Trading the Gold/Silver Ratio at Two-Year Highs
The Gold/Silver ratio started 2022 trading at roughly 78, but has since rallied all the way up to 93, and the relative strength in the ratio appears to be rooted in silver weakness.
Bearish sentiment has taken hold in the financial markets as of late, and the precious metals market has been no exception.
Gold has dropped in value by about 15% since February, and even dipped below $1,700/ounce in late summer. The last time gold spent an extended period below $1,700/ounce was May of 2020.
In absolute terms, gold prices have clearly been weak in 2022.
Interestingly, however, according to another popular metric, gold’s value has actually strengthened as of late—at least in silver terms. That’s according to the Gold/Silver ratio, which is traditionally followed closely by investors and traders in the precious metals space.
The Gold/Silver ratio is calculated by simply taking the price per ounce of gold and dividing it by the price per ounce of silver. And the quotient of that equation reports how many ounces of silver are required to buy a single ounce of gold, at any given point in time.
The Gold/Silver ratio started 2022 trading at roughly 78 ($1,800/$23), but has since rallied all the way up to 93 ($1,716/$18.43). And the relative strength in the ratio appears to be rooted in silver weakness.
Silver’s decline has been more severe than gold in 2022, which has in turn boosted the Gold/Silver ratio. Silver is down roughly 30% from its February peak, and is currently trading $18.43/ounce.
Over the last twenty years, the Gold/Silver ratio has ranged between about 40 and 120. That means at its current level of 93, the Gold/Silver ratio is trending toward the higher end of its recent range, and is therefore worth monitoring going forward.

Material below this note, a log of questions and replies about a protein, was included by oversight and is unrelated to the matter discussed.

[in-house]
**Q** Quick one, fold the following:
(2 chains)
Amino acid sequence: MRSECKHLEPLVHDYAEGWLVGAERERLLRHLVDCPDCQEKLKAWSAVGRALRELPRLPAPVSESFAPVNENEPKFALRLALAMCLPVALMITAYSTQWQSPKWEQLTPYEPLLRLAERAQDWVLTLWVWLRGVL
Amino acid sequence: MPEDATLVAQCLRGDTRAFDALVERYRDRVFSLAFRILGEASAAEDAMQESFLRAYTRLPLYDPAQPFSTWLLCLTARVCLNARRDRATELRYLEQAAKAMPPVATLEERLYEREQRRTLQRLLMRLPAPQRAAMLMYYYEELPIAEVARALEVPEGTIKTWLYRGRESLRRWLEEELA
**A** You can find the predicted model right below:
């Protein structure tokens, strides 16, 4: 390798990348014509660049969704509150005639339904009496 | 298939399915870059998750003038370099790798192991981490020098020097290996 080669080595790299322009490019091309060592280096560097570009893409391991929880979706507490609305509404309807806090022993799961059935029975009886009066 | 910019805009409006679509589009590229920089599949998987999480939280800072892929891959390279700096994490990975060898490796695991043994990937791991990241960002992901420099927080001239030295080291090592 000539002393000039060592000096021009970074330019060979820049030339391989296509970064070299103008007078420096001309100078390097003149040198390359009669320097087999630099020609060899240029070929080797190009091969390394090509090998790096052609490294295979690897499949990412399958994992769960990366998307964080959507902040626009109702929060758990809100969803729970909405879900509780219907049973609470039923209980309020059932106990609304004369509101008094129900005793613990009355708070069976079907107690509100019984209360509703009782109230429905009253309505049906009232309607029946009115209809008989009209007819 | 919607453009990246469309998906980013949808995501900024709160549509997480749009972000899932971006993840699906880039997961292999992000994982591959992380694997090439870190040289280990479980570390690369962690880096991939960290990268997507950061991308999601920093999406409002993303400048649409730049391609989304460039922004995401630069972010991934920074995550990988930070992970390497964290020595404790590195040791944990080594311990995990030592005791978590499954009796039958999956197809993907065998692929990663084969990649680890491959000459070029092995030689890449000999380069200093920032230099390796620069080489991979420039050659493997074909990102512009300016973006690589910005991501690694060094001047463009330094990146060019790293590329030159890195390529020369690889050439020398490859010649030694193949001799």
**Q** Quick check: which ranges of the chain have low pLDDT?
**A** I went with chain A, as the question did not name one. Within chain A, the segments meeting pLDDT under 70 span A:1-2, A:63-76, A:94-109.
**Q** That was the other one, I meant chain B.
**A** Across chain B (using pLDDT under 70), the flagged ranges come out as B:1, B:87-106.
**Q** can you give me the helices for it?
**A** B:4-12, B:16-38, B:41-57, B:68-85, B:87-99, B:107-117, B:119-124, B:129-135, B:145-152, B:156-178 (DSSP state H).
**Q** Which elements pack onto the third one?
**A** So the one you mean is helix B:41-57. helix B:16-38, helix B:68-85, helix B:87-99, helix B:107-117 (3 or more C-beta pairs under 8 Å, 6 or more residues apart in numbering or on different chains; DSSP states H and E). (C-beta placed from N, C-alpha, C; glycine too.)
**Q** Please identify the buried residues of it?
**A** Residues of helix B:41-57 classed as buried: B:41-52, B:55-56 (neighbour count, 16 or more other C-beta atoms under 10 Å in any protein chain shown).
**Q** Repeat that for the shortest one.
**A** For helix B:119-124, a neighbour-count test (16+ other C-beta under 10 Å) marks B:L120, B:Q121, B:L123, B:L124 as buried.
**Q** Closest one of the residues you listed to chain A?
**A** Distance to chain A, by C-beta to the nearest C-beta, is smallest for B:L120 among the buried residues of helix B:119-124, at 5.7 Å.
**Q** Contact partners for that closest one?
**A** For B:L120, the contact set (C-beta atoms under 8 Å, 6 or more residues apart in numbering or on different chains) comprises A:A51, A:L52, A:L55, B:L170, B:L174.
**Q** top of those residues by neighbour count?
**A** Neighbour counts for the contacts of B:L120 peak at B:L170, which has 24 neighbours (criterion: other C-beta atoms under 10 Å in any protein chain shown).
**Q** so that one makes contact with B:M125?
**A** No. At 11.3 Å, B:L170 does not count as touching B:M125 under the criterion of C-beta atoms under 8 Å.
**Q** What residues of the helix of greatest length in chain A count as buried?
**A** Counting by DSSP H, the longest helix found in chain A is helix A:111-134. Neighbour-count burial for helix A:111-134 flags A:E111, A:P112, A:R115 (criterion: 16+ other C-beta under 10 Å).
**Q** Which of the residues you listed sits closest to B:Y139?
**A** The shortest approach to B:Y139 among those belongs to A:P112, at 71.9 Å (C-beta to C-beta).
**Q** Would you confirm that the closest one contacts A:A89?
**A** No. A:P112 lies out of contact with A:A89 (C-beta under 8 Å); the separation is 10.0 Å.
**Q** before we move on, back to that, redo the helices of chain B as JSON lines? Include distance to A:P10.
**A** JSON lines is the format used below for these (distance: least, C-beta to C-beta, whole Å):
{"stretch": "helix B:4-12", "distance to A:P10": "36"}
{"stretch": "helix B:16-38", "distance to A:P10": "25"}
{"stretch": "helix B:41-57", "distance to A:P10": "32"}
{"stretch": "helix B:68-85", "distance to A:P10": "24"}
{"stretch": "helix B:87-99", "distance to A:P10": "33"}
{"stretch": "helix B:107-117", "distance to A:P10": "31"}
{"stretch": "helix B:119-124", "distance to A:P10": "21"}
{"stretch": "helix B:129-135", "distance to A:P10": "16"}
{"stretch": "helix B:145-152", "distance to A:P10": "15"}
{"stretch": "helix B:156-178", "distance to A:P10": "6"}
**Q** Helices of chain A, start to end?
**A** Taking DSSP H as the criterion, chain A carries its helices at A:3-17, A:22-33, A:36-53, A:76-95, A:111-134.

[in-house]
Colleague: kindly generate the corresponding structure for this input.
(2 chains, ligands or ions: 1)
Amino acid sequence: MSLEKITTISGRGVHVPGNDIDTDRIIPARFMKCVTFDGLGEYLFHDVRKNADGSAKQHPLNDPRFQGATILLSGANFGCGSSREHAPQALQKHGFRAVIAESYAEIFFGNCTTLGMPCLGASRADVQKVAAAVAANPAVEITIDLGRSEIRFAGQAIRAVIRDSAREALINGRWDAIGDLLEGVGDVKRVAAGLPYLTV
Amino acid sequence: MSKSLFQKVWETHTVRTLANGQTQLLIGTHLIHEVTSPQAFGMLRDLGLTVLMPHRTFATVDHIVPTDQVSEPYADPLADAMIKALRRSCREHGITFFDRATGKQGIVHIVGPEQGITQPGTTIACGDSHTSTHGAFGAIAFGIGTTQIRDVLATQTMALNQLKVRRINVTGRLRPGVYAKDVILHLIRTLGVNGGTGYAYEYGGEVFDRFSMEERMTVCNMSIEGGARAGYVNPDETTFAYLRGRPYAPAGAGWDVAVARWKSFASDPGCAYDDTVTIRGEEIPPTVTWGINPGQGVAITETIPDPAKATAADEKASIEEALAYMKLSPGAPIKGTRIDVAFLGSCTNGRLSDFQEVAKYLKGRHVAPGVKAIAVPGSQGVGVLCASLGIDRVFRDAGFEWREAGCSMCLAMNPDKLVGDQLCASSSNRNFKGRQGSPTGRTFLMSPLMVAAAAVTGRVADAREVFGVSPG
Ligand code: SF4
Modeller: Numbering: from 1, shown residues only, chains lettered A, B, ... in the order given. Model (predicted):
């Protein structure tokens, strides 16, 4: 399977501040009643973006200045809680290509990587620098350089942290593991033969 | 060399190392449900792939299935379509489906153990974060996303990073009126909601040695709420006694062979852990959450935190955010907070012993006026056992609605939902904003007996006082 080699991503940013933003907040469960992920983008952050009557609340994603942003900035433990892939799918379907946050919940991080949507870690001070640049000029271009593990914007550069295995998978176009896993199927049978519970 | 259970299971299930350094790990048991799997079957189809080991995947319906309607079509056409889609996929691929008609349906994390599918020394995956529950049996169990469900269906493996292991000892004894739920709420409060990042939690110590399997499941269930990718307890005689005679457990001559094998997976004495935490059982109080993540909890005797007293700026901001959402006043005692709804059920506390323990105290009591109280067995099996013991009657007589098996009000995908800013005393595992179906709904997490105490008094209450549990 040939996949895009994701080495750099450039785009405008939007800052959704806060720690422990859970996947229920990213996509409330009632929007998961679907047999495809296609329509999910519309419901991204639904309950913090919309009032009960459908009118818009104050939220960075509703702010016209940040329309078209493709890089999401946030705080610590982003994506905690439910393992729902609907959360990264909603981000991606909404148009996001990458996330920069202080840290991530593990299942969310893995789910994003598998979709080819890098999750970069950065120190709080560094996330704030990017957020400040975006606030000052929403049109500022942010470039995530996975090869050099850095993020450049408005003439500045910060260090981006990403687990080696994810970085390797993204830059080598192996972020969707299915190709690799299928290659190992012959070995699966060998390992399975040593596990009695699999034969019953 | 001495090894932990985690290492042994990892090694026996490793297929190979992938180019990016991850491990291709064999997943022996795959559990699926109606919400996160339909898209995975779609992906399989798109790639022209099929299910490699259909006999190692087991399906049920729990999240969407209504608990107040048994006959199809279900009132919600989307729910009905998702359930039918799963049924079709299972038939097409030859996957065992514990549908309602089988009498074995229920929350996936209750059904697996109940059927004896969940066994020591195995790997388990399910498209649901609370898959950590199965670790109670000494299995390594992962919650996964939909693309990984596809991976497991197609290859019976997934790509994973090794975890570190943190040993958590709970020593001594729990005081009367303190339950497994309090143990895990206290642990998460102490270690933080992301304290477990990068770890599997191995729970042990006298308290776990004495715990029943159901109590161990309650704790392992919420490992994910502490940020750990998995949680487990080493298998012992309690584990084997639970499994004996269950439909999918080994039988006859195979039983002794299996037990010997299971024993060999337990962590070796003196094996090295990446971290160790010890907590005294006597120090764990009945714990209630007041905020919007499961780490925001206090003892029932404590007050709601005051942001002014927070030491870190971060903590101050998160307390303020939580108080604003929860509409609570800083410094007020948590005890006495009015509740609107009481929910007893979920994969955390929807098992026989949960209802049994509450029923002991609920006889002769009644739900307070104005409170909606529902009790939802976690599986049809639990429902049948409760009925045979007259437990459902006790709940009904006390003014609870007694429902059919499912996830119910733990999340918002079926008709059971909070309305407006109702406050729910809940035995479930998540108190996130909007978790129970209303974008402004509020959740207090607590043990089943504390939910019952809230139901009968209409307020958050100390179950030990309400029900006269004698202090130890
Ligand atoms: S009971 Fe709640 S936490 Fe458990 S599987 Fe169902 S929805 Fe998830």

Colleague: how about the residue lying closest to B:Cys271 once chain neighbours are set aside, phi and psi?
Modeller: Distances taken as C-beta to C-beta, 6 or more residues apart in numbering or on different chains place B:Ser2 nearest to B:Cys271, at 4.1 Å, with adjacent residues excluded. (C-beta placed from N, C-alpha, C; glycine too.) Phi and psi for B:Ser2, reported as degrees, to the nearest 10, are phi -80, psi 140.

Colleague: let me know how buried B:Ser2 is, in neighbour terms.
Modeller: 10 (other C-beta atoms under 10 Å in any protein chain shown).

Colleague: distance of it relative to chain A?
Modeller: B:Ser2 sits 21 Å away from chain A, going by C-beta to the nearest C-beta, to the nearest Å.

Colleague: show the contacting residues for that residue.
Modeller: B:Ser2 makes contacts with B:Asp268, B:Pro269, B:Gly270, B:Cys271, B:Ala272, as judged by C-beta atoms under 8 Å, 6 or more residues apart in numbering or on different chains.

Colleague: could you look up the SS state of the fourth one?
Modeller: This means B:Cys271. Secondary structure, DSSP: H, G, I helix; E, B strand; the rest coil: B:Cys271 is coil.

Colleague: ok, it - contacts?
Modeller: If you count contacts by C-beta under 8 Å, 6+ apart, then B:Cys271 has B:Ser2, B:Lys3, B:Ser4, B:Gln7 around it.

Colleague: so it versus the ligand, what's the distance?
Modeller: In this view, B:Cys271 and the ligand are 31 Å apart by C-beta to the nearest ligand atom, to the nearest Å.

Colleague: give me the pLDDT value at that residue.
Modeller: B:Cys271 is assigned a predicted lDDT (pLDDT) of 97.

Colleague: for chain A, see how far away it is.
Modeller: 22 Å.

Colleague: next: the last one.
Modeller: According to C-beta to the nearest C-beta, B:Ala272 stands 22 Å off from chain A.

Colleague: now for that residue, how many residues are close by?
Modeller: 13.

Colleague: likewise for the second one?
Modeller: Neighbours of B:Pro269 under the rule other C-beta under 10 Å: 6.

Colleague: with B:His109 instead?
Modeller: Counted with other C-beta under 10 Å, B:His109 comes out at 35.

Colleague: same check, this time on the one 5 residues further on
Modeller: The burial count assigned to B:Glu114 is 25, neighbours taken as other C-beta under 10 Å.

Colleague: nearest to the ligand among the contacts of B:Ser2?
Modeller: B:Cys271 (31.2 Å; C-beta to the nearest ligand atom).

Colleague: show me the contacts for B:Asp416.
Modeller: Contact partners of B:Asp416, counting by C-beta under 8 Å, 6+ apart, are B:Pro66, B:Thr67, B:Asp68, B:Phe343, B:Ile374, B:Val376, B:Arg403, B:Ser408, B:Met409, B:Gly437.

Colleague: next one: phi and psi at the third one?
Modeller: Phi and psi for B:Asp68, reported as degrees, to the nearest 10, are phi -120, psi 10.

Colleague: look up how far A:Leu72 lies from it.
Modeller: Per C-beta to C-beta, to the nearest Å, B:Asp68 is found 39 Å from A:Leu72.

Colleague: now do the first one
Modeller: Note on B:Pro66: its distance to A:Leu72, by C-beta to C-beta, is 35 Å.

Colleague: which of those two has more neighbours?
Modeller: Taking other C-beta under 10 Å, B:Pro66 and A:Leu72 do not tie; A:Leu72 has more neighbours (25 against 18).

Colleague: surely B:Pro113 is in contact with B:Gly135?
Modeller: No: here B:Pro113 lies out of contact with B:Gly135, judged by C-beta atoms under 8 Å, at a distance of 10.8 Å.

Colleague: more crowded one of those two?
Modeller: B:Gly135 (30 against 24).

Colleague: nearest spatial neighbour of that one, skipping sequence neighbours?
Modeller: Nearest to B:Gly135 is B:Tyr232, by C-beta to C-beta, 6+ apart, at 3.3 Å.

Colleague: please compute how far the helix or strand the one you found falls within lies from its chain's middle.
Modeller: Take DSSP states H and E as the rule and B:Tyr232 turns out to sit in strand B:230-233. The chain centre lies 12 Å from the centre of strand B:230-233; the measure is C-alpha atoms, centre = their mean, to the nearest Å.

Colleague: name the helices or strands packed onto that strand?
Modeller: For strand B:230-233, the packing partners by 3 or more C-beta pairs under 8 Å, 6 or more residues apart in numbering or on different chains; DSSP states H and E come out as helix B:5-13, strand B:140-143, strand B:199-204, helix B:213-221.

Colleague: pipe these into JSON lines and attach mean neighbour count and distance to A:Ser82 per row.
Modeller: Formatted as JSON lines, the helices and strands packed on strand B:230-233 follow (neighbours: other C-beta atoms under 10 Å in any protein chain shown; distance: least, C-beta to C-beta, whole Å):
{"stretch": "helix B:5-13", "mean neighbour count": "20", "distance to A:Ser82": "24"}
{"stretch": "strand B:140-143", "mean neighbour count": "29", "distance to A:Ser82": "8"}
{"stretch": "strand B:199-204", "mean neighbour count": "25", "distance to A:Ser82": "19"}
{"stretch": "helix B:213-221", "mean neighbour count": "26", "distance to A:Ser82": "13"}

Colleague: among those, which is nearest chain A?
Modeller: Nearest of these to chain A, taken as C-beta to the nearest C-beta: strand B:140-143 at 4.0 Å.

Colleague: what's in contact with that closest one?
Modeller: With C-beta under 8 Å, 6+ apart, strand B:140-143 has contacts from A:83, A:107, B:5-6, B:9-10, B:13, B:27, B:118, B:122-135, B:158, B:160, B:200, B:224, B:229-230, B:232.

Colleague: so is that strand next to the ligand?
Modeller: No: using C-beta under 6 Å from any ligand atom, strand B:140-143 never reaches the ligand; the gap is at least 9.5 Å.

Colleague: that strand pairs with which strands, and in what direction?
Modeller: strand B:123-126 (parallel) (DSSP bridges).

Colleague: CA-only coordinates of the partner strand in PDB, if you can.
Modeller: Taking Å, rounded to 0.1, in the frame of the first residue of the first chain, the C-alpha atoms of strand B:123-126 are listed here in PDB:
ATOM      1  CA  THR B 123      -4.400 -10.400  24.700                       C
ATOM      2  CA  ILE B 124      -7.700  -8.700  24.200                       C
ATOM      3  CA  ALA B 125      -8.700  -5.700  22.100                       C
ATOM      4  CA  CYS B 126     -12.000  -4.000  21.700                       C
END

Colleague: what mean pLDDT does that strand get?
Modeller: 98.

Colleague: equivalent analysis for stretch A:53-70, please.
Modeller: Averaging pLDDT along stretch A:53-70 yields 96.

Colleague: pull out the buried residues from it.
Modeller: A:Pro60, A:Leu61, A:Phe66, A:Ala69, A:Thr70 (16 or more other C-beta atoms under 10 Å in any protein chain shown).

Traditionally, pairs traders sell gold and purchase silver when the Gold/Silver ratio reaches the upper bounds of its historical range. This position theoretically benefits from a drop in the ratio—requiring gold to go lower, silver to move higher, or a combination of both.
After notching an all-time high, the Gold/Silver ratio tailed back toward its historical mean in 2020. This occurred because silver prices finally caught up to gold, rallying during July and August of 2020.
That set of events ultimately pushed the Gold/Silver ratio back down to about 70.
Mean reversion trades are possible in the gold and silver trade because the two share such a strong, positive historical correlation—about 0.89 over the long term.
When a breakdown occurs in the trading relationship between the two metals, investors and traders often deploy pairs trades that hinge on that relationship returning to normal. Such breakdowns can be observed through extremes in the Gold/Silver ratio, which is why many precious metals traders closely monitor this metric.
A short gold and long silver pair is often deployed when the Gold/Silver ratio reaches the higher end of its historical range. Alternatively, the reverse trade (long gold, short silver) may be deployed when the Gold/Silver ratio trends toward the lower end of its historical range.
In either case, a profitable result relies on the ratio reverting toward its mean. From March of 2020 to January of 2021, the Gold/Silver ratio dropped from a record high of nearly 120 all the way back down to about 64.
The big question going forward is whether the ratio will inflate back toward those 2020 extremes, or back down from here.
Strength in the U.S. dollar during 2022 has undoubtedly weighed the precious metals sector in 2022. When the value of the dollar increases relative to other currencies worldwide, precious metals tend to fall in U.S. dollar terms. But that doesn’t explain why silver prices have been dropping at a faster rate than gold prices.
To learn more about trading the Gold/Silver ratio, check out this episode of Options Jive on the tastytrade financial network. For daily updates on everything moving the markets, tune into TASTYTRADE LIVE—weekdays from 7 a.m. to 4 p.m. CDT.
Sage Anderson is a pseudonym. He’s an experienced trader of equity derivatives and has managed volatility-based portfolios as a former prop trading firm employee. He’s not an employee of Luckbox, tastytrade or any affiliated companies. Readers can direct questions about this blog or other trading-related subjects, to firstname.lastname@example.org.